Log Groups - All Log Streams of one Application

Log Groups is the highest order of the Logs concept. One Log Group is dedicated to one application of service.

For a Lambda function named thumbnail the dedicated Log Group would be: /aws/lambda/thumbnail

Log Groups hold many CloudWatch Log Streams

In this screenshot, you can see the log group /aws/lambda/thumbnail. This one holds all Log Streams that were executed from this Lambda function.

You can set a retention setting on each Log Group. The retention defines how long logs will be stored. By default, this is set to Never Expire. If you have a production application that logs a lot make sure to change this setting. Especially on your test and dev services. This can incur a lot of costs.

CloudWatch Log Insights

What is CloudWatch Log Insights?

Debugging user requests across several services, Lambda Functions, and APIs can be quite challenging. This is what CloudWatch Log Insights helps you with.

CloudWatch Log Insights allows you to query multiple Log Groups with a SQL-like syntax.

In a typical production environment, you will log your log messages with a dedicated JSON logger. A JSON logger allows you to query fields. Typically, you will have correlation IDs available. Correlation IDs are IDs that allow you to trace requests across different sessions. Often you will add request or user IDs as correlation IDs.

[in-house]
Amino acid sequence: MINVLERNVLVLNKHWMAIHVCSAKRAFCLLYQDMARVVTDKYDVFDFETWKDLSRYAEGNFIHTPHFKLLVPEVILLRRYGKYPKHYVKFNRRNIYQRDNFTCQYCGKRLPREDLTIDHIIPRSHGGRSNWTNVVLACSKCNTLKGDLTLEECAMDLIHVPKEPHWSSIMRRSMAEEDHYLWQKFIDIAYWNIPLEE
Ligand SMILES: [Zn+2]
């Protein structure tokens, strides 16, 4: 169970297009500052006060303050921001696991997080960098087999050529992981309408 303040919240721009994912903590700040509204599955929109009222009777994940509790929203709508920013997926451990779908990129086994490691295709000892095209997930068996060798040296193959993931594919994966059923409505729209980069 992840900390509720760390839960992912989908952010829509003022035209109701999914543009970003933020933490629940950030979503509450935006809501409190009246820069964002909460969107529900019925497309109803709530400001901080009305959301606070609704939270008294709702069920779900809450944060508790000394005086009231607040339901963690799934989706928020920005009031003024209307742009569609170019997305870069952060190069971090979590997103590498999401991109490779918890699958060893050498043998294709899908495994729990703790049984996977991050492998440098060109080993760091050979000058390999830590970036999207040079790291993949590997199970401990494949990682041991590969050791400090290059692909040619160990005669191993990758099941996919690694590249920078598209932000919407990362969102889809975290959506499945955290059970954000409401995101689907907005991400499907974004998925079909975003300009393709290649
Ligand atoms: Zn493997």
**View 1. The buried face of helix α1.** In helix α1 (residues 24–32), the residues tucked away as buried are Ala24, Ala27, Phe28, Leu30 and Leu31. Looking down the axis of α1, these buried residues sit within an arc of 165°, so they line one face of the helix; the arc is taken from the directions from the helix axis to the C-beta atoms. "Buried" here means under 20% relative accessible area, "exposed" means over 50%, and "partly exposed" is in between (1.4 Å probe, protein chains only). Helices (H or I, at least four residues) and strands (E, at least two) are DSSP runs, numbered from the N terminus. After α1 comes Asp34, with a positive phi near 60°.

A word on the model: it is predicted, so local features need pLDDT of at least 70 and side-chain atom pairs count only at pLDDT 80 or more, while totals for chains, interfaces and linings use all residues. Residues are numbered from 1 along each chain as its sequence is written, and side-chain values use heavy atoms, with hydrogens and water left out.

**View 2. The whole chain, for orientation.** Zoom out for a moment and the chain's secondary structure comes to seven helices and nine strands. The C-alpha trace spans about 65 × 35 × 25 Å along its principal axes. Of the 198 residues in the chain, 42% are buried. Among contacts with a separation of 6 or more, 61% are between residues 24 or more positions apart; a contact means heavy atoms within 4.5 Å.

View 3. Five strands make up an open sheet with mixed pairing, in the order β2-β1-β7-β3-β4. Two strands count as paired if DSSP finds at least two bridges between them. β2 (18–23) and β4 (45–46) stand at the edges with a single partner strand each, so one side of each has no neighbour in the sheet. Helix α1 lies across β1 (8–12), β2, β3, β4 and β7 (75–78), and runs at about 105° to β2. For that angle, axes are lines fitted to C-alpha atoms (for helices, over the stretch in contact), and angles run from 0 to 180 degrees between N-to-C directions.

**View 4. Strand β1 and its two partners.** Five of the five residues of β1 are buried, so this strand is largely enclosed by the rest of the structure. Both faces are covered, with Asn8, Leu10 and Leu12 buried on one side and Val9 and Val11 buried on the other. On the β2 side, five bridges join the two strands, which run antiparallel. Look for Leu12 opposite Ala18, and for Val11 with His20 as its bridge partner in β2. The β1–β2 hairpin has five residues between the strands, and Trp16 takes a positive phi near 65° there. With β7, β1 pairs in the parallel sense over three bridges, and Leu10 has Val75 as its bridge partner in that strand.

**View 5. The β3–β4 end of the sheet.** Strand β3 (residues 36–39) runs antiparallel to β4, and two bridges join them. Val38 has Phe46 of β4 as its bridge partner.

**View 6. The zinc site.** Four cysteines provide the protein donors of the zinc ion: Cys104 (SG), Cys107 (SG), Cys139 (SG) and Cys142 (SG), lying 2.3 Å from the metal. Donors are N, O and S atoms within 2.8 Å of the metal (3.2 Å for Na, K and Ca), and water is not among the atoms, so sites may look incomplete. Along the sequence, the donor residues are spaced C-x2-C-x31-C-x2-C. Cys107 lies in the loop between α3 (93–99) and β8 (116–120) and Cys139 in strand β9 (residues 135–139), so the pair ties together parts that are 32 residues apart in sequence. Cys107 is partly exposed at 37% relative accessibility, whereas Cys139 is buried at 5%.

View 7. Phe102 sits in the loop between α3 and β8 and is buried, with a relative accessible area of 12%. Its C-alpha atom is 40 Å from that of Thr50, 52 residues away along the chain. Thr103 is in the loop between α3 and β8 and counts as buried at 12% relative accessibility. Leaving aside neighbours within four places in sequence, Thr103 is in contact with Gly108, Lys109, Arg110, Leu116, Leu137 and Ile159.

We will use a Lambda of AWS Fundamentals as an example. This Lambda function will be called via a webhook once a purchase of our book was made. The Lambda function adds the subscriber to Converkit, our E-Mail Provider.

Lambda Function that logs to CloudWatch and adds susbcribers to Covnerkit

How does CloudWatch Log Insights Work?

This is what the UI of Log Insights looks like:

The UI of CloudWatch Log Insights

There are several different parts of the UI you need to understand before you can work with it.

The Editor

Log Insights has a small editor with which you can create your queries.